Hull and high water

IN the concluding extract of our series in which leading writers reflect on the Yorkshire coast, the late and much-loved playwright Alan Plater writes of his love for Hull. This was the last piece written by him before his death in June last year. Pictures by Terry Carrott.

In or around 1942 my class at primary school presented a Christmas play. Despite hiding under the desk (I was terrified that kissing might be involved), I ended up being cast as the Christmas pudding. My long-suffering mother made a costume designed to maximise my embarrassment, but the killer blow came with my lines. I had to learn and recite the following stanza:

Ho ho I’m such a merry chap

Without me Christmas would fall flat

So here I am and here’s my chance

To have a jolly little dance!

Then, hands on hips, I had to hoppity skippity around the Christmas tree, played by a little girl called Margaret. Her long-suffering mother had made the tree from a green taffeta dress on to which she had sewn such fragile glass toys that had survived the Blitz thus far. If you breathed on her another one would break and, careful as I was with my hoppities and skippeties, most of the others littered the stage in tiny glittering fragments by the end of my dance. It was the most humiliating experience of my life up to that point but what rankled the most was that verse. Even at age six I knew it was terrible. “Chap” and “flat” do not rhyme and never will.

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I knew in my heart of hearts that I could do better and it was probably that day that a writer was born.

The early 1960s were a formative period. I’d sold a couple of radio plays (not very good) and was knocking on television’s door with work that, in retrospect, I now see was mostly about what a tough job it was being a struggling young man in a place very like Hull. On the whole, television wasn’t very interested.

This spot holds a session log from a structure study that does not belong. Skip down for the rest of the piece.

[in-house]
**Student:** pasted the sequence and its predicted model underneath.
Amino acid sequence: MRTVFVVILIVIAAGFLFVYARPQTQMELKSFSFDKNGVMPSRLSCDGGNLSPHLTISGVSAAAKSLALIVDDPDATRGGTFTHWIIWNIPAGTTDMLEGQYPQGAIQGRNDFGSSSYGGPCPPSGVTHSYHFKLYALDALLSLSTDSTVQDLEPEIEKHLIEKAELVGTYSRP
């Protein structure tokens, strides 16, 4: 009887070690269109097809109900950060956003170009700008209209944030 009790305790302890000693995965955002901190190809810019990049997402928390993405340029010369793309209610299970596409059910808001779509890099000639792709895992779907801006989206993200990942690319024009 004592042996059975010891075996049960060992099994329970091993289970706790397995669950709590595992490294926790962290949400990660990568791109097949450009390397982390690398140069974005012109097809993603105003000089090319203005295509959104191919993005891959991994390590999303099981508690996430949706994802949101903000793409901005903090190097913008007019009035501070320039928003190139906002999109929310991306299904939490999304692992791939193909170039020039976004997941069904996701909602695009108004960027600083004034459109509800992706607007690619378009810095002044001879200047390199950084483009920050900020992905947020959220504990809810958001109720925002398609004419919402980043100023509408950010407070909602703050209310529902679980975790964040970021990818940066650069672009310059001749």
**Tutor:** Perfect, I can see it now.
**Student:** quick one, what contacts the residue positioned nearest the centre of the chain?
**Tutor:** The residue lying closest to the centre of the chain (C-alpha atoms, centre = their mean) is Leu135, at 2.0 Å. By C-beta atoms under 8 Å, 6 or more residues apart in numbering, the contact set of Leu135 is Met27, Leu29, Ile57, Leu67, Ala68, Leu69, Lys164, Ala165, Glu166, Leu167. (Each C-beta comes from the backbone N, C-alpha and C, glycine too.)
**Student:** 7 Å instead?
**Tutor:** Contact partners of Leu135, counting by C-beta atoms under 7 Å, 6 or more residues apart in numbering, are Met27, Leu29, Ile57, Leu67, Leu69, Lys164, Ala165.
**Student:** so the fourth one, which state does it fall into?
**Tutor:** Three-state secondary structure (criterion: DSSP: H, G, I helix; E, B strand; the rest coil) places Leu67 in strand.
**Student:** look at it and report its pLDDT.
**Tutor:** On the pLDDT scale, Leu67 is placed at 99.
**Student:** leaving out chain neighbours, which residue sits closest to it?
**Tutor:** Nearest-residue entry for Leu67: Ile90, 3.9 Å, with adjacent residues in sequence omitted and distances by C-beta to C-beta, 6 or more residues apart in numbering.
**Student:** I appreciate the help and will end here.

Some years before Screaming Lord Sutch launched his Monster Raving Loonies on the world, a group of harmless anarchists in Hull started the Get Stuffed Party and ran several candidates at the local elections, one of whom, I recall, was Mike Waterson of the legendary folk-singing family. They won a lot of public sympathy, several column inches in the press, a few healthy laughs and hardly any votes.

But they are a good example of the subversive element that recurs in the history of the city. Holding hands with the subversion runs a lovely, laconic sense of the absurd.

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In the window of a shoe-shop on the Holderness Road I saw a sign reading:


On the terraces at Boothferry Park when Hull City were having one of recurring bad spells, a man stood with a small, home-made sign bearing the single word: “BOO”.

But perhaps shops and shop windows are the keys to a city’s soul. Maurice Lipman, father of the blessed and beloved Maureen, had a tailor’s shop on Monument Bridge. It had two rooms with a connecting archway and a sign reading: “Ready To Wear Department – Downstairs.”

One day a customer plucked up the courage to ask him: “Maurice – why do you have that sign up when there are no stairs? The place is all on the same level.”